The vote to do so was overwhelming. The adjournment returns the legislation to the House of Bishops for further consideration. It will return (with possible further revisions) to General Synod in November when the final approval debate will commence again.
Why the adjournment? The House of Bishops made two amendments to the legislation at its May meeting. One of them has brought reassurance to conservative evangelicals and traditional Catholics who oppose women's ordination. It has also caused dismay to some supporters of women bishops.
The controversial amendment relates to the appointment of a male bishop to minister to a parish which requests one in a diocese where the bishop is female. There is provision for this already in the Measure since a parish may request a male bishop "on the grounds of theological conviction". The House of Bishops added an amendment saying that the choice of such a male bishop should be made consistent with the theological convictions expressed. Opponents of the amendment believe this introduces law where grace and pastoral sensitivity should flourish. Supporters of the amendment believe it has given space and honour to opponents of women's ordination on the face of the Measure.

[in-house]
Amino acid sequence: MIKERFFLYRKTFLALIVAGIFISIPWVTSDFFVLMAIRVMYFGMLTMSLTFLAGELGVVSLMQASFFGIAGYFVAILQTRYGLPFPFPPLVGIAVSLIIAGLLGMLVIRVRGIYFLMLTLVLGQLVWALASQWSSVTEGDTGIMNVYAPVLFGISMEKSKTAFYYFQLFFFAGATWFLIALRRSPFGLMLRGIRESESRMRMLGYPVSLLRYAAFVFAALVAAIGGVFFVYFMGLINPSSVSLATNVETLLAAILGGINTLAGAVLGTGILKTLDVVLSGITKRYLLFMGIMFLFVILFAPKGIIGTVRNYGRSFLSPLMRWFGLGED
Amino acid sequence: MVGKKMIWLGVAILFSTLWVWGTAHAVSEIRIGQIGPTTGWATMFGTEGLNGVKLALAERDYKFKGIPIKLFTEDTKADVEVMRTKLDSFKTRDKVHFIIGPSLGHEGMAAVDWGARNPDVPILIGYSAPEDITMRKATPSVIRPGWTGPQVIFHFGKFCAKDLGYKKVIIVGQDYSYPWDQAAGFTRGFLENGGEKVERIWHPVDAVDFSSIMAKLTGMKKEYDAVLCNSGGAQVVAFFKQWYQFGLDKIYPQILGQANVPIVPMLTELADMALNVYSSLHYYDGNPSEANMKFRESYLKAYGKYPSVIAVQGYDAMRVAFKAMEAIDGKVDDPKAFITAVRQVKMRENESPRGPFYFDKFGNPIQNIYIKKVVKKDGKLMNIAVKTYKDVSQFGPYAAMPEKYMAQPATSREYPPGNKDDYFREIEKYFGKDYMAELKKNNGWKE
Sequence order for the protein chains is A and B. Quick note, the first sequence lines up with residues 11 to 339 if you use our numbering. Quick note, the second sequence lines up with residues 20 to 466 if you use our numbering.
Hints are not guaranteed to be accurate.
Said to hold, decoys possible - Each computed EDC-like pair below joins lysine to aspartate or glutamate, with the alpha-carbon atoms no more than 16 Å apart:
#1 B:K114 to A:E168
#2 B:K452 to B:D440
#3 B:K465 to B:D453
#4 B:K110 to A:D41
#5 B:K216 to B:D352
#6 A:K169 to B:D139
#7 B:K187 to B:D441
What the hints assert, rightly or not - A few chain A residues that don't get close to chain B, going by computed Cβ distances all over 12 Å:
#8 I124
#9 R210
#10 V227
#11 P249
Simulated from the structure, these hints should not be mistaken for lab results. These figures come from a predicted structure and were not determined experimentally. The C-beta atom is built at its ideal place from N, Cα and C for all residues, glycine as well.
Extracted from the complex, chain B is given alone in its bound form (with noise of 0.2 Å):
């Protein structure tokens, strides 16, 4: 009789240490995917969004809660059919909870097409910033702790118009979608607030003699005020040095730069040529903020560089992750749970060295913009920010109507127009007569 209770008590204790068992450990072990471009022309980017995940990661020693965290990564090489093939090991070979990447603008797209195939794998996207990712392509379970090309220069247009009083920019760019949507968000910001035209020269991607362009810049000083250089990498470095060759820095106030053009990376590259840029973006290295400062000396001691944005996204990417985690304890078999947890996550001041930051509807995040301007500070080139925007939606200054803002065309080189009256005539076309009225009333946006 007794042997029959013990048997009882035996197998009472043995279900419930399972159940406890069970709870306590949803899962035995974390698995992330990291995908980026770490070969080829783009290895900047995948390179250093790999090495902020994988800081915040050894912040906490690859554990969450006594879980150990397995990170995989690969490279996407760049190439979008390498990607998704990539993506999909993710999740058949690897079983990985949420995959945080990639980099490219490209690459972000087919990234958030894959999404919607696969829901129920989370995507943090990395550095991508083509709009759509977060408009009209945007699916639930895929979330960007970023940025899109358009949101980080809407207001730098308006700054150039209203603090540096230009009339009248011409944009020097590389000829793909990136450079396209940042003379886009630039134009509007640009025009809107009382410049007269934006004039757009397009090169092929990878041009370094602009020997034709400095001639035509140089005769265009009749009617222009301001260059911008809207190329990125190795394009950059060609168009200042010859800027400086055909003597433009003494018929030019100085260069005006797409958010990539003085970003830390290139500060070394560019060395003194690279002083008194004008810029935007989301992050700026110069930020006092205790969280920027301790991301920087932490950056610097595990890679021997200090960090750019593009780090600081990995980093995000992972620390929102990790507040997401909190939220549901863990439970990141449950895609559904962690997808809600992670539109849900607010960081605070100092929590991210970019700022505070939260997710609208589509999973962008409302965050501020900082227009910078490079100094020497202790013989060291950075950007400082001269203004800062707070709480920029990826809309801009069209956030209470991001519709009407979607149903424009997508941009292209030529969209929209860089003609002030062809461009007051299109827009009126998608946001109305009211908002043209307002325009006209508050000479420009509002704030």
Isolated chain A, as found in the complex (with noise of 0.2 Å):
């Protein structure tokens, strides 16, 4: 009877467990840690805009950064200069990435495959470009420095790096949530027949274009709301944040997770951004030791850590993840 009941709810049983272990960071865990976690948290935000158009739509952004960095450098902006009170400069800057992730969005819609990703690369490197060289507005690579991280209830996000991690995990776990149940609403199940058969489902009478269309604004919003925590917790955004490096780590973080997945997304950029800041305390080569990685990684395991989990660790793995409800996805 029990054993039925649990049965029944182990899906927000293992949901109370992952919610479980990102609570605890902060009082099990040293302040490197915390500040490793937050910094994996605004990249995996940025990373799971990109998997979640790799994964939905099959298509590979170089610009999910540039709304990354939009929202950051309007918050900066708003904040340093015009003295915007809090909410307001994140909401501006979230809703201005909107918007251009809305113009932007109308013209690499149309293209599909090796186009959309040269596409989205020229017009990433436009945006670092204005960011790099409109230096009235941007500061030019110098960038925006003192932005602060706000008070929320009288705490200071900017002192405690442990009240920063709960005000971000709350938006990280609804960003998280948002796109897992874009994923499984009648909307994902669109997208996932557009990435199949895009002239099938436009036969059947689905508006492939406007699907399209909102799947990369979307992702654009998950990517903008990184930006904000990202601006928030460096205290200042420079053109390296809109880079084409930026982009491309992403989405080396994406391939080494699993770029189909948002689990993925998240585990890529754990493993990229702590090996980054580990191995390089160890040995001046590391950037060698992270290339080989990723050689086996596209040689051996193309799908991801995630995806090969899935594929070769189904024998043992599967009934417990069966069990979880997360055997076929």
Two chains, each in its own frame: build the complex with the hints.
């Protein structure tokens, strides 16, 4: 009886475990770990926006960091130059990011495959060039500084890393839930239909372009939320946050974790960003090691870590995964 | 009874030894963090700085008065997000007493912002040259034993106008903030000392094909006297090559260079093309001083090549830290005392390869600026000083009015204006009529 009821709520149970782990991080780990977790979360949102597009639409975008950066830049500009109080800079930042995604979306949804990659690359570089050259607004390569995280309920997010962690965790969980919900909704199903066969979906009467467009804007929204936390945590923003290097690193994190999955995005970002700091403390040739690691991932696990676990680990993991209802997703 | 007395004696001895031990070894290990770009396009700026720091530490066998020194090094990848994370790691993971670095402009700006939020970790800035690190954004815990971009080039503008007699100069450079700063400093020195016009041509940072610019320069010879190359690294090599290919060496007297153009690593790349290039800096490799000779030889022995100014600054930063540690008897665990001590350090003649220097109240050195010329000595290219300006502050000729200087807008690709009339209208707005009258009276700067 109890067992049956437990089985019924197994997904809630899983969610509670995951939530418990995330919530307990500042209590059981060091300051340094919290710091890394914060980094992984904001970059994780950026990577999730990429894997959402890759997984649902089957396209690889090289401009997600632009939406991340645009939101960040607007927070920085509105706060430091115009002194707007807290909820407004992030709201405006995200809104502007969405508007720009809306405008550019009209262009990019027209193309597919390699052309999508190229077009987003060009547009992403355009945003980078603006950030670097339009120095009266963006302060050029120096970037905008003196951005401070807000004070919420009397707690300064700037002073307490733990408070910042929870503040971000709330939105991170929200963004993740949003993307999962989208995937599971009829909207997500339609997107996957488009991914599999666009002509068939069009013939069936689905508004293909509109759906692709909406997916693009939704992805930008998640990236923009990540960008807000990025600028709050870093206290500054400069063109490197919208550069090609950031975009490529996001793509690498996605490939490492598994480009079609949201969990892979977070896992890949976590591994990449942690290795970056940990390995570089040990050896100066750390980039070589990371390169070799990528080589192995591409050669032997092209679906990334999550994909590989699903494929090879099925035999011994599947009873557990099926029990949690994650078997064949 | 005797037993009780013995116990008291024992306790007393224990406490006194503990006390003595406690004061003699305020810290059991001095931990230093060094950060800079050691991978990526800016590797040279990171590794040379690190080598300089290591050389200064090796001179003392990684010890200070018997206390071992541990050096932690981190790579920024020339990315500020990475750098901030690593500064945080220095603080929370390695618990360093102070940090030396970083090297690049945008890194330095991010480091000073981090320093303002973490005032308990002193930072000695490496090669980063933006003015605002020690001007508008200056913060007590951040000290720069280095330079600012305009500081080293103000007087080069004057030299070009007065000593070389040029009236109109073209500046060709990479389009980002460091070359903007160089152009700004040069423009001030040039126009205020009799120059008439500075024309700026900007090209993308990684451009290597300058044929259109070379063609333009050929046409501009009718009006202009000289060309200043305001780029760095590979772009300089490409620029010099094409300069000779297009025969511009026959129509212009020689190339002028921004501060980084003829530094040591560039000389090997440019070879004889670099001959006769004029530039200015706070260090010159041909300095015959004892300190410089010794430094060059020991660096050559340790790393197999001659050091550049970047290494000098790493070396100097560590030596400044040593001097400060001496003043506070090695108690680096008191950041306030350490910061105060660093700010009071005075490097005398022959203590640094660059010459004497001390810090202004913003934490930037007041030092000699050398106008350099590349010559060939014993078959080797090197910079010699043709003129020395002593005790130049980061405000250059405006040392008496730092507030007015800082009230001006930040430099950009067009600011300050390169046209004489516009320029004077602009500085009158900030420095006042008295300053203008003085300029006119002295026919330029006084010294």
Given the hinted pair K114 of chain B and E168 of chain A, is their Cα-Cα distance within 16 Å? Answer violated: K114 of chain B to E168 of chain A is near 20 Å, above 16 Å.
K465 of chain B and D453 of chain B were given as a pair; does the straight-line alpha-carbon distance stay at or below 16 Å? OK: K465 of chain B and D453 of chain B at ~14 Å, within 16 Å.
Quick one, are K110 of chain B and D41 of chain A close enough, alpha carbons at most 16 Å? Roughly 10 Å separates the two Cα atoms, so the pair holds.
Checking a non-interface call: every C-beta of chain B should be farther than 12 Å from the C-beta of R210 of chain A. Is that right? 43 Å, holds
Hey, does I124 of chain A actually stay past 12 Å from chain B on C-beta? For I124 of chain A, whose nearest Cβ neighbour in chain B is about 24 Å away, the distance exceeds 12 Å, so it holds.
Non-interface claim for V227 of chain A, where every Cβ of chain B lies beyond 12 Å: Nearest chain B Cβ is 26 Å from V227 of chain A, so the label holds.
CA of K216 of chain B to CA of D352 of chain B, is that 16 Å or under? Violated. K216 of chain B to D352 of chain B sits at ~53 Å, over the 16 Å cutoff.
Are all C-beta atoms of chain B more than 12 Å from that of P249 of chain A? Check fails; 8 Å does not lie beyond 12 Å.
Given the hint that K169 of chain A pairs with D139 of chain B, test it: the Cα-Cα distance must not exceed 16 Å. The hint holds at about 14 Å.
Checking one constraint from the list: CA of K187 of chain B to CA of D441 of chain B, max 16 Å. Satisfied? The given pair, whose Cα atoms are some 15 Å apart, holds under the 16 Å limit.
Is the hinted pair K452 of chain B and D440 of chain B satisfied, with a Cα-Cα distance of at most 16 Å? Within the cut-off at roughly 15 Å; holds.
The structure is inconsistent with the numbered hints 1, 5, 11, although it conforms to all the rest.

The level of concern was such that it was felt more time was needed and further reflection by the House of Bishops required before the Synod could proceed. In the context of a 2000 year history of the Church a delay until November seems modest. There was a fear that the legislation might be imperilled unnecessarily if we moved to a vote on Monday.
I was called to speak early in the adjournment debate and my speech is available here. Please continue to pray for members of the General Synod and especially your representatives from the Diocese.
The Rt Revd Graham James
Bishop of Norwich